🤌 and its meanings: An emojical study
Disclaimer: this paper uses emojis from the latest standard and it might not work well in some browsers. You can find a PDF version here.
Non-verbal communication is not easy, but Italians are somehow better at it. See this video of a little Italian girl as an example: https://www.youtube.com/watch?v=Z5wAWyqDrnc. In this paper of the Computational Social Science Lab Holiday Paper Series, we set out to learn about non-verbal, non-facial communication online through the use of one of the most iconic Italian expressions: 🤌. We study its meaning in multilingual Twitter datasets and its association with sentiment to develop a tool to help using hand emoji in online communication. We further study the role of skin color in hand emoji in Reddit and the change in their frequency of use since the beginning of the COVID-19 pandemic, as an example of an emojical study focusing on various aspects of the use of 🤌.
Emojis offer the possibility of new non-verbal expression online. Without having to rely on pictures or videos, we can encode our facial expression and hand gestures in text. Over recent years, the frequency of emojis in online communication has been growing steadily, for example with tweets containing emojis reaching a 20% rate in 2020 . As new emojis are added to include offline gestures, some cultures use them with different meanings as others. Furthermore, gestures can have a meaning in a culture and be adopted by another culture through online text communication, creating a novel kind of online assimilation of non-verbal signs.
One of the newest and most confusing emojis is 🤌, a typical Italian gesture but with other meanings and uses in other languages. The pinched-fingers emoji, as it was named by the Unicode Consortium when debuted in March 2020, was supposed to graphically represent the exasperated expression “what do you want?”, since this is the common meaning of this hand gesture when made by Italians. Its creators submitted a proposal  supporting the need for such an emoji, basing their arguments on the uniqueness and completeness of such a gesture, together with its high frequency of usage in the large group of Italian speakers and people with Italian cultural affinity or ancestry. Finally, their proposal was accepted in 2020, together with another hundred new emojis. However, a conversation around other possible meanings of this gesture rooted in other cultures and languages pointed out that it can also mean “wait a minute” in Israel and in the Arab world or represent an iconic gesture of the famous K-pop star, Yuri.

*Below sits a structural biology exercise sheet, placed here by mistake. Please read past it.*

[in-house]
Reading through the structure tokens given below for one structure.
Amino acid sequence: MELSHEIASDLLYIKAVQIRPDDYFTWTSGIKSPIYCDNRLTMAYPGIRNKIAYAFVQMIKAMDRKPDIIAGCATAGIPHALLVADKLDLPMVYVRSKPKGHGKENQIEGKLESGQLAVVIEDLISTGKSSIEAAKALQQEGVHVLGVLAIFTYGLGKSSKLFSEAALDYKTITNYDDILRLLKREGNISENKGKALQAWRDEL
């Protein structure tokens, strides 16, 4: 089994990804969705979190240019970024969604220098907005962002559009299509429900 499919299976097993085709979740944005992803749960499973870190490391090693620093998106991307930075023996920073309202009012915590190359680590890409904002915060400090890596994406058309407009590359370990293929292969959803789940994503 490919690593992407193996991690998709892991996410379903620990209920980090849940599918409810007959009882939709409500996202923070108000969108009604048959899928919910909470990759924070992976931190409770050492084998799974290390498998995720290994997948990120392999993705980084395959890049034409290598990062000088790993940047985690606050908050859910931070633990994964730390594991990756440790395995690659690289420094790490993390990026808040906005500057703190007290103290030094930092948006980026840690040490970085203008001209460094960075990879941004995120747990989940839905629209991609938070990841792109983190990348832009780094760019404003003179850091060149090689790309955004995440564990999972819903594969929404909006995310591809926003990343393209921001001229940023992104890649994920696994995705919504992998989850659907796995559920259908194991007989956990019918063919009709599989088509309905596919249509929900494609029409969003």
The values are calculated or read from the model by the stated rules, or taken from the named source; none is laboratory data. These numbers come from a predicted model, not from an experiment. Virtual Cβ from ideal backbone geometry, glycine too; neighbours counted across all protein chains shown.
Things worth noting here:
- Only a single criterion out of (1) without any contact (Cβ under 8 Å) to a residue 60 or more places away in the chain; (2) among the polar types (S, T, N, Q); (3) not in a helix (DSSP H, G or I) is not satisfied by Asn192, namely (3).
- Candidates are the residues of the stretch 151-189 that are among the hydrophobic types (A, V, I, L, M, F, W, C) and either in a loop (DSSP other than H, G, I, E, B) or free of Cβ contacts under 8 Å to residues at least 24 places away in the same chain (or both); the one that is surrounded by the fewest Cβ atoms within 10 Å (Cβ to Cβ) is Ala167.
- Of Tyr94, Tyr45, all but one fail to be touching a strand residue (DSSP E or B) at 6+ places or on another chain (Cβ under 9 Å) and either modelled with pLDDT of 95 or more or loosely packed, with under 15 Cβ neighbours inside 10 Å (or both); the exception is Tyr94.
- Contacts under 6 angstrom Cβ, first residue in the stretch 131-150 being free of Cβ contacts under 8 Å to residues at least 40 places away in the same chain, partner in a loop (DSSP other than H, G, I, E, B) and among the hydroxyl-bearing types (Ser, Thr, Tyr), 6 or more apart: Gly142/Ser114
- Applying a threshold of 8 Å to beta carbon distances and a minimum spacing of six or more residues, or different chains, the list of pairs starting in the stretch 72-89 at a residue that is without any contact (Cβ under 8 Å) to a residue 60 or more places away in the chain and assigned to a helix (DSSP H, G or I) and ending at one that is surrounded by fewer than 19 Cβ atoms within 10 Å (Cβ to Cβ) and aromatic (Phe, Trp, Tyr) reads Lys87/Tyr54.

Here1, we study the meanings of by analyzing Twitter data to identify the contexts in which 🤌 appears. We consider various languages to detect the drivers of its use in the events of recent years. We continue by studying the sentiment associated with and design a NLP tool to help non-native-hand-waving speakers to learn how to express themselves in emoji hand language. We then analyze how the use of general hand emojis has changed during the pandemic and how skin modifiers of hand emojis are associated with negative votes to Reddit comments.
Using the brand new historical search endpoint of the the Twitter API v2, we retrieved an exhaustive dataset of tweets in English that contain 🤌 up to 2021-11-28, ignoring retweets. To obtain a set of topics that can give a general intuition of the different uses and contexts of the emoji, we applied topic modelling with the Mallet Latent Dirichlet Allocation (LDA) algorithm in Python’s Gensim package wrapper .
We preprocessed the text by removing stopwords, detecting bigrams, and studying the most and least frequent words. Since the quality of preprocessing tools differs across languages, we do this first exploration only with English data. Additionally, we assume that English, in contrast to other languages, can be seen as an approximation to the different uses of the emoji in other languages when the speakers of a language communicate online with general audiences by tweeting in English. As a consequence, English Twitter text might also contain the meaning which Italians associate with 🤌.